Features in Exchange 5.0, 2000, 2003, and 2007
Exchange 5.0 introduced the first version of Outlook Web Access (OWA), which initially was more appropriately named Exchange Web Access. It also added formal SMTP and LDAPv2 to the product. Exchange 5.5 maintained the same style administrative interface and updated LDAP to v3 and added NNTP.
For the next version, (v6.0) naming changed to incorporate the calendar year and Exchange 2000 underwent a major facelift. Directory service functionality was now being served by the new Windows Active Directory. SMTP was handed off to Internet Information Services (IIS) with Exchange extensions. Exchange 2000 Instant Messaging was also introduced as an IIS application for corporate IM.
Exchange 2003 (v6.5) improved upon many features of Exchange 2000, including a richer AJAX OWA client and a recovery storage group for restores. Client access features evolved as well with ActiveSync and Outlook Mobile Access (OMA) for mobile device users and RCP/HTTPS and Exchange Cached Mode for Outlook 2003 users. Instant Messaging was removed to serve in a separate application, Live Communication Server, now expanded to Office Communication Server.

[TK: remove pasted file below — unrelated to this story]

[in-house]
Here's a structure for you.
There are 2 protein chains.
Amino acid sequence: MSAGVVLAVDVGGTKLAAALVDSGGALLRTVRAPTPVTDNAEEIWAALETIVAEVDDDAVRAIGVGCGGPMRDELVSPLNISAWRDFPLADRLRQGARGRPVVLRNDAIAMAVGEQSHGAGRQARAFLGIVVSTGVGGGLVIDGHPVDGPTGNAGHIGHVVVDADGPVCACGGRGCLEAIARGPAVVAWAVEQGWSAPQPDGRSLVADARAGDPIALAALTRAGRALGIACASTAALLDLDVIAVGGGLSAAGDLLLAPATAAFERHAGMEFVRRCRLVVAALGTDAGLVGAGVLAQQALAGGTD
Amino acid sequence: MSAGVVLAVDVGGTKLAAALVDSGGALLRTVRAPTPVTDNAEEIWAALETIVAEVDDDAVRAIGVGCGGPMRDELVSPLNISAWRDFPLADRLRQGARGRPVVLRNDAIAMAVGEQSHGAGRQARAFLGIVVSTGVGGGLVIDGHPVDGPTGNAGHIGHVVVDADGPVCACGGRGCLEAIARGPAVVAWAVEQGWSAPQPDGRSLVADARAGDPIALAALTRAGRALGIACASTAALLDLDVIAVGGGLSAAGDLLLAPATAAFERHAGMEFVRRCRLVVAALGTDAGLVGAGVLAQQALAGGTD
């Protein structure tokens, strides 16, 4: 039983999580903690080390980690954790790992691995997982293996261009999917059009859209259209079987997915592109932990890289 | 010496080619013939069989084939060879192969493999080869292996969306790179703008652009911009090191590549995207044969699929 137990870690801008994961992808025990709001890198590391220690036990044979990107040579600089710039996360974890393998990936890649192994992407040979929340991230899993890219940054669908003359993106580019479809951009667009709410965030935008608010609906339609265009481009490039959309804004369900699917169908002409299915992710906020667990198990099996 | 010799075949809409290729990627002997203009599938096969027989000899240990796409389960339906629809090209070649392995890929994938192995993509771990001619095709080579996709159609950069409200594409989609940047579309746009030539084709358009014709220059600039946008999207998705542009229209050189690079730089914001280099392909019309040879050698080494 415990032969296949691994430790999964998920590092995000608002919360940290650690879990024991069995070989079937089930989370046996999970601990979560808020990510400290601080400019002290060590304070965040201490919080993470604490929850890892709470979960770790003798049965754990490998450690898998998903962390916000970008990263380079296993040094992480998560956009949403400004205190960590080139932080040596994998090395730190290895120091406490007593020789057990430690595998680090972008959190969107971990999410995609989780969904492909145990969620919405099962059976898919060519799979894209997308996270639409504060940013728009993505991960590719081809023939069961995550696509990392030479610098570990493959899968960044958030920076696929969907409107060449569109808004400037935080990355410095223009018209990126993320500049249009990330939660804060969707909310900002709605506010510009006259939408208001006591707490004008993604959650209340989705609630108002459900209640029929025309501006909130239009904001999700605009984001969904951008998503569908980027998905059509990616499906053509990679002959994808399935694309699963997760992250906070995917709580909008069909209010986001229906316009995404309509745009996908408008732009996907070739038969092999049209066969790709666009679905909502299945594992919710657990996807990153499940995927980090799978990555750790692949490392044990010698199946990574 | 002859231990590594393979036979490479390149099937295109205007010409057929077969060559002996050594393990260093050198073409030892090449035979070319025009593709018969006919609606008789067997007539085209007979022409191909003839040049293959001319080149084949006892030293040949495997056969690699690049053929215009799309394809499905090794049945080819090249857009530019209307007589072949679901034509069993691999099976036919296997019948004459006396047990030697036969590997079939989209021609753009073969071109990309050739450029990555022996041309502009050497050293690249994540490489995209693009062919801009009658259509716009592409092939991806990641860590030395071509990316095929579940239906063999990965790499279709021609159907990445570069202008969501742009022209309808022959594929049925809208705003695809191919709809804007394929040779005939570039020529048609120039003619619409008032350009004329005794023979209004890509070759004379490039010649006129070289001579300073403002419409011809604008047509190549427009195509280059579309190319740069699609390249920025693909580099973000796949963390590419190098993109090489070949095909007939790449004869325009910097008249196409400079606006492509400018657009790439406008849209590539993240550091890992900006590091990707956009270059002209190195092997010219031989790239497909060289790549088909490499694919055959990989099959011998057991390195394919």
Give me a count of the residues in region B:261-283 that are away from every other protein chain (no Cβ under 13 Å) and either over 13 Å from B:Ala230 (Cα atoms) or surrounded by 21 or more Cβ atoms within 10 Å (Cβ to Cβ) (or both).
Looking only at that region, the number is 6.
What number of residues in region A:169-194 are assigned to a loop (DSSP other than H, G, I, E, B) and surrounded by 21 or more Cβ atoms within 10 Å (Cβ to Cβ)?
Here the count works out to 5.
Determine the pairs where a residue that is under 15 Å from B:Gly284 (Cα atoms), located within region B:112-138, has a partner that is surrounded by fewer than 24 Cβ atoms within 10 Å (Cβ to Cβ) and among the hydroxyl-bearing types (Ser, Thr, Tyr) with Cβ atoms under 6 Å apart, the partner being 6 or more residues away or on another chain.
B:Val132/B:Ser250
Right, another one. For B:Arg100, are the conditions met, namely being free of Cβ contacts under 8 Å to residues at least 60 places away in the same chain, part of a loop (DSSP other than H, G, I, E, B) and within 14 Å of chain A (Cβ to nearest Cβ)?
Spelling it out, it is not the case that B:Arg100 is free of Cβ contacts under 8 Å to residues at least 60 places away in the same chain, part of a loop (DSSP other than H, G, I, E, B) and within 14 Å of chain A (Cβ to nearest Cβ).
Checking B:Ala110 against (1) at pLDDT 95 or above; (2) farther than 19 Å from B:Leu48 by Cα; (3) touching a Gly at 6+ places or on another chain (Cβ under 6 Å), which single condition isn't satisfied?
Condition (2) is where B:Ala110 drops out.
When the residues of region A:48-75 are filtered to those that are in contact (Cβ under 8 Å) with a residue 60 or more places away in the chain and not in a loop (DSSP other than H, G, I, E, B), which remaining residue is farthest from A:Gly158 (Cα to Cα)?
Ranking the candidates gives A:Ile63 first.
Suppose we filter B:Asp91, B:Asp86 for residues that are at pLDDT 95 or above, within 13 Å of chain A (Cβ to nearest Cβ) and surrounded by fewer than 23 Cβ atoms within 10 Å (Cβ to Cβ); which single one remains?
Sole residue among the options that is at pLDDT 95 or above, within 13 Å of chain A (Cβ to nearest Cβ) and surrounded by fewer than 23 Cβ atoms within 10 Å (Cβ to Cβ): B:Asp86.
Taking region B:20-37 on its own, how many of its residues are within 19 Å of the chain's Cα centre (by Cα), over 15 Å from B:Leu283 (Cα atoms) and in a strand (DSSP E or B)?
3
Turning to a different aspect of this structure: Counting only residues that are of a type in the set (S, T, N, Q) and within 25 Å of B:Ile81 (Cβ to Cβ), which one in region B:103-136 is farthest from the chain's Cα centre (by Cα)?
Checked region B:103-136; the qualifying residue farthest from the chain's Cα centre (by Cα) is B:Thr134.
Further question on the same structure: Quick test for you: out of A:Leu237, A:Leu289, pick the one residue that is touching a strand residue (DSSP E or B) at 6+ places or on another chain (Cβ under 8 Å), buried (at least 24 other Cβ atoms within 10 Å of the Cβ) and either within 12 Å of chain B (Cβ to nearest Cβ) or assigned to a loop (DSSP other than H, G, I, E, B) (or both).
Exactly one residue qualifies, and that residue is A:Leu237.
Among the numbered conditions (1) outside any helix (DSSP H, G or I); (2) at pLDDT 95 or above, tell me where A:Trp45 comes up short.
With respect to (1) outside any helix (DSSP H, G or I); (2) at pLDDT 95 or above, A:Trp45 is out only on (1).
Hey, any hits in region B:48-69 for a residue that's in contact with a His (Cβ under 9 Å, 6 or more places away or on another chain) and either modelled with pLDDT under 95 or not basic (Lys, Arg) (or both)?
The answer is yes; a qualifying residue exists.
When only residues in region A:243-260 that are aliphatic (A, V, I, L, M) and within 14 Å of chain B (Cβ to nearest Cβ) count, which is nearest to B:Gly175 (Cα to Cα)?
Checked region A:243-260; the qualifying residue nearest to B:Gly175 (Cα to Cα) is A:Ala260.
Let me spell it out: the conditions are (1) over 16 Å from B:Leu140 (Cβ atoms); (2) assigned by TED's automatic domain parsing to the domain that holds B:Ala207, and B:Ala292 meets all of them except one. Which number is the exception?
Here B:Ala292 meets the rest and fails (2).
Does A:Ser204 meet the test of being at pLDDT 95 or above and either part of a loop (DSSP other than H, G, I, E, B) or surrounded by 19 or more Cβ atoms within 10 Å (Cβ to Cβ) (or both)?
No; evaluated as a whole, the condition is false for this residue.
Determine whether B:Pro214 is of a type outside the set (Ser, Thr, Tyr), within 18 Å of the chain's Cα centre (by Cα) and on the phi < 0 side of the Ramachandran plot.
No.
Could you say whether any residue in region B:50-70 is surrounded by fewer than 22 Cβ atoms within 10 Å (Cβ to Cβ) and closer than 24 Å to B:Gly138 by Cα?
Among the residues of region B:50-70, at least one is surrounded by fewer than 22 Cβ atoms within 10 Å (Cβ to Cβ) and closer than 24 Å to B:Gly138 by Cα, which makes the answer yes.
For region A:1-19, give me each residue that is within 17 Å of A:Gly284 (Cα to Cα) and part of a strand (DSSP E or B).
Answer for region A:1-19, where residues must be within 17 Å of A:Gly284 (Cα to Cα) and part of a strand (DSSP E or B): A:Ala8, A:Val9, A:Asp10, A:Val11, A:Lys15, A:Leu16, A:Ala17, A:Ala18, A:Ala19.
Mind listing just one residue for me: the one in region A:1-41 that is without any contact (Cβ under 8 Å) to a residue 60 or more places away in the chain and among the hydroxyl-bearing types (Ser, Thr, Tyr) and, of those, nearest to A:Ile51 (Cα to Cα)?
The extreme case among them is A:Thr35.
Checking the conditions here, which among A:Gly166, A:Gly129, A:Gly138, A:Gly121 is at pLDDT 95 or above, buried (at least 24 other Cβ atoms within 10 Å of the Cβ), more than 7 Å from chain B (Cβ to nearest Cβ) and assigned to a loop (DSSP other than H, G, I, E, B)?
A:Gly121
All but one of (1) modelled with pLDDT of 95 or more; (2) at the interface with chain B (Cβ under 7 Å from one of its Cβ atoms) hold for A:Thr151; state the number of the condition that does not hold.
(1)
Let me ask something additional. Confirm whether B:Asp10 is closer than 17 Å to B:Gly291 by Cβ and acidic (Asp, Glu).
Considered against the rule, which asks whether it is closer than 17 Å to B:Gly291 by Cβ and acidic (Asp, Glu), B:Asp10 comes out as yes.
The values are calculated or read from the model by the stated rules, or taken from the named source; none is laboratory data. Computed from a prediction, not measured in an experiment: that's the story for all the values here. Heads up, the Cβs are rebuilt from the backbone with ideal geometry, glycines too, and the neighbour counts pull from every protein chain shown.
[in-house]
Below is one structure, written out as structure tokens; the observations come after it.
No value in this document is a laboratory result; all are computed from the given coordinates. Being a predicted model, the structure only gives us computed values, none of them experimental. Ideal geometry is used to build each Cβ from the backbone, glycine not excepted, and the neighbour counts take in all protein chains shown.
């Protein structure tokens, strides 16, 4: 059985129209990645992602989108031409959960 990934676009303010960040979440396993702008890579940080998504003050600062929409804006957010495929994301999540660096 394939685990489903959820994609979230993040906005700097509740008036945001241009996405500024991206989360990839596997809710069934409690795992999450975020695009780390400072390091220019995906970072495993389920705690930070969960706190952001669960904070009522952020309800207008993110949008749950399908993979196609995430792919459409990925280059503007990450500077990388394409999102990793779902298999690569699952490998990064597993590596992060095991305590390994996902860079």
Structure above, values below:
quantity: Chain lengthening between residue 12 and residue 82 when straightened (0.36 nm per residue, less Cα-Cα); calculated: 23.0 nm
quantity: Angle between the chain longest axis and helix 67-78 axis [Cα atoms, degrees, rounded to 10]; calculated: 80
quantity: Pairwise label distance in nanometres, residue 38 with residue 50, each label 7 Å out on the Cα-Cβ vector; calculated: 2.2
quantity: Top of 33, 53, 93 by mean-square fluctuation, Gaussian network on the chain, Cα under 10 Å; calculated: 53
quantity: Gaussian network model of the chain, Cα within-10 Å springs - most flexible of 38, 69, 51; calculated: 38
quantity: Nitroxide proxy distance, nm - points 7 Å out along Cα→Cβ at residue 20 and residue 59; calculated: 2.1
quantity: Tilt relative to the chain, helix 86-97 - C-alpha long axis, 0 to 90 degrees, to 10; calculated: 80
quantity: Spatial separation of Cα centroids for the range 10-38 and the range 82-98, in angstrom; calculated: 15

Exchange Server 2007 (v7.0) again introduces big changes throughout the application from architecture to appearance. Exchange 2007 is role-based allowing administrators to install only the roles that are required for that server. This is also the first Microsoft application to take advantage of Microsoft’s new extensible scripting language, PowerShell (nee Monad). Unified Messaging is also a significant feature addition, integrating with Office Communication Server and PBX/VoIP systems.
Microsoft now releases cumulative updates in between service pack releases for Exchange Server. These updates are called Update Rollups. They are numbered releases expected every six to eight weeks and apply to specific service pack levels for Exchange Server. The current release is Exchange Server 2007 Service Pack 1 with Update Rollup 2.